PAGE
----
A journey of a thousand miles begins with a single step
-- Laozi, Chinese philosopher (also known as Lao Tzu)
I've had a couple of weeks now to reflect upon the completion of the EMT course, and my successful certification by the state of New Jersey. I want to again thank my wife and son for their patience with me, and to everyone that offered their support and well wishes.
The experience was both easier and more challenging than I had expected. In all honesty, the course material wasn't particularly difficult to understand, even with the use of medical terminology sprinkled throughout. The hands-on and practical skills weren't particularly difficult either, whether it was applying trauma bandages, inserting airways, performing CPR, or just moving and lifting patients.
On the other hand, I was challenged to overcome an initial desire to simply 'help' a patient with what appeared to be an immediate discomfort or pain, and rather to slow down and assess the entire situation, looking for those more hidden issues that actually posed a greater life risk. It took a bit of time for me to not just understand the importance of this, but to actually internalize it to the point that it became natural to slow down rather than speed up in times of crisis.
Not that I was always perfect at it.
While the class and state test may be behind me, my journey has only begun. The last few months have been but the first step, and in order to re-certify in 3 years time (under NJ State rules), I will have to complete a number of additional optional and core Continuing Education Units (CEUs).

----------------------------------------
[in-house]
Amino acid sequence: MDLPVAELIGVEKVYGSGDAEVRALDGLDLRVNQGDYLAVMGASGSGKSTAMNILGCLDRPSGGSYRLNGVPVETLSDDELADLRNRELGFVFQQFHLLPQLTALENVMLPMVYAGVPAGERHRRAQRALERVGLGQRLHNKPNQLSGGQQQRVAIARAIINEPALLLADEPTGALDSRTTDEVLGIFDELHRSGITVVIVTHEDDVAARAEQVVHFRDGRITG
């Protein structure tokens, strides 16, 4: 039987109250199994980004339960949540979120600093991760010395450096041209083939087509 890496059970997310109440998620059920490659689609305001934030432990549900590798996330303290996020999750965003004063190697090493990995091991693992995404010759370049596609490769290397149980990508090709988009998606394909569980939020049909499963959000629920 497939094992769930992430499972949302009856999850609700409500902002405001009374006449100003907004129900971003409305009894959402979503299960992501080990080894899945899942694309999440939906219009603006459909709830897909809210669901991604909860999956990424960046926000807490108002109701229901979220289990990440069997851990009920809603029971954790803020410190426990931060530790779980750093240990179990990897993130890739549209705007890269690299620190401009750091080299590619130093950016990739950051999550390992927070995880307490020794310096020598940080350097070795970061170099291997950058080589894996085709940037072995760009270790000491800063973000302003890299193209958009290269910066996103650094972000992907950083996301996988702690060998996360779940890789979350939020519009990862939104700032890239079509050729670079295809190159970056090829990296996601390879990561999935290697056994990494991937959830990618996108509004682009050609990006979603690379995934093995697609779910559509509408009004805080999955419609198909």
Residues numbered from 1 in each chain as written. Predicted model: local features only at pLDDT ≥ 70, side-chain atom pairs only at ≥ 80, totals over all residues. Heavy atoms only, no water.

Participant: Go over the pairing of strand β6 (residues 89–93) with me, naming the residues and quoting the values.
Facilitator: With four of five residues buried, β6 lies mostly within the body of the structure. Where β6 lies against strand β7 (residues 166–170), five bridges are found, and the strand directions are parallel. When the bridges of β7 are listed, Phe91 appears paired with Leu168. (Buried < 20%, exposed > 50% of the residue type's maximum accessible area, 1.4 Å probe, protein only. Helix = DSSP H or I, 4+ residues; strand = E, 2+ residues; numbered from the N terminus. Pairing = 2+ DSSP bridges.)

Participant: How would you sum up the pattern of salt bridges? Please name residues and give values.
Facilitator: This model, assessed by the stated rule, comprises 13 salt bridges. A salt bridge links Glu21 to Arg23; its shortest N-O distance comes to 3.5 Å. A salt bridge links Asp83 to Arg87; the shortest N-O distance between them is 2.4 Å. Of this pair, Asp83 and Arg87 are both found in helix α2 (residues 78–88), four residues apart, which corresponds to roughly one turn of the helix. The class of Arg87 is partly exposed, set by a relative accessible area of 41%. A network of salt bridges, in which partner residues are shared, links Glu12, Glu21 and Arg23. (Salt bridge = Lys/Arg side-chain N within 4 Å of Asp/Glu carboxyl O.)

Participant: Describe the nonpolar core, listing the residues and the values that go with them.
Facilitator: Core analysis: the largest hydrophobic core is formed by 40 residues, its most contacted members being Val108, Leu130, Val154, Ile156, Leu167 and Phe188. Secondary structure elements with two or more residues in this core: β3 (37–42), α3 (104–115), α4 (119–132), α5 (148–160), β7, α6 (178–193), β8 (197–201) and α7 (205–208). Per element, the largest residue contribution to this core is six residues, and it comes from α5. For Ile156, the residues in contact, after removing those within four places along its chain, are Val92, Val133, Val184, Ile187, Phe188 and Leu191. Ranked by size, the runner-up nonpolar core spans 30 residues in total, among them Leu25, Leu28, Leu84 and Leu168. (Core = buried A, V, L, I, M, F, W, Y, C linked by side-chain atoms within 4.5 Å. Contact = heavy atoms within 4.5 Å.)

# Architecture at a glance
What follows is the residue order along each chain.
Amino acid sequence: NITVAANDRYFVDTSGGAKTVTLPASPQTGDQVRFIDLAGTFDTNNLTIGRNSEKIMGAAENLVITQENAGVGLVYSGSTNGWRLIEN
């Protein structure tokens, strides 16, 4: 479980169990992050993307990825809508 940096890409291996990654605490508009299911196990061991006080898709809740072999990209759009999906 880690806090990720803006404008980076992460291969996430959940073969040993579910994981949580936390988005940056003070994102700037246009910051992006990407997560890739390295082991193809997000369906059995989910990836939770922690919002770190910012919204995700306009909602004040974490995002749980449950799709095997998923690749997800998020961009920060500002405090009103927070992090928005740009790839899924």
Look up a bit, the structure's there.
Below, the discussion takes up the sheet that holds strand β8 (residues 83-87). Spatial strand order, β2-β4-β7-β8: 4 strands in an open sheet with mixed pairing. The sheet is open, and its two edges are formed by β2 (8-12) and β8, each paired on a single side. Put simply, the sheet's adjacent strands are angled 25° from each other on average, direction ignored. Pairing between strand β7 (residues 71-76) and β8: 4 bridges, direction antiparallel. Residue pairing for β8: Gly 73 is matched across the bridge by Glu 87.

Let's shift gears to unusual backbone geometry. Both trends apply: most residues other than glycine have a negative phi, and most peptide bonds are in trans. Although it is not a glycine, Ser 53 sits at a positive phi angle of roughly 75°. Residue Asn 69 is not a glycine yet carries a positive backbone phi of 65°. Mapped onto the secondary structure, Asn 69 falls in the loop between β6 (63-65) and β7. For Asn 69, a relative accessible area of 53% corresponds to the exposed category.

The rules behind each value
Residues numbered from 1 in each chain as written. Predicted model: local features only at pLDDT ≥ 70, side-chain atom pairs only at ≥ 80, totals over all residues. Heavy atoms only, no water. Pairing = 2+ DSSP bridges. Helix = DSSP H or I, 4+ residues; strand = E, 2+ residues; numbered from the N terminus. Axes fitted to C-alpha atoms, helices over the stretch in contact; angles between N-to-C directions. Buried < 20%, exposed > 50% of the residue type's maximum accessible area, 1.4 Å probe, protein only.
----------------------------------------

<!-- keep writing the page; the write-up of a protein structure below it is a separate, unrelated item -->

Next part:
In fact, my first optional CEU class will be later this month, as I plan to attend an "EMS For Fire Scene Support" course (aka "Fire Rehab"), in order to have a better understanding and readiness when the Mendham First Aid Squad is called to support our local fire departments at the scene of a structure or other fire.
While the EMT class covered the basics of care for burns, this additional course will cover operational and organization details, including how to assess and evaluate fire personnel who may have been battling the blaze and are in need of rest and recovery, before they can be released back to duty to continue their own activities. I'll be back in a couple of weeks to talk about that course, and perhaps share details later this summer when I help support the Mendham Fire Departments' own training activities, putting this new knowledge in to action.
Jon Alperin, one of our MFAS volunteers, shares his journey to becoming an NJ certified EMT.
from the Start
Here is Jon's journey, presented in time order: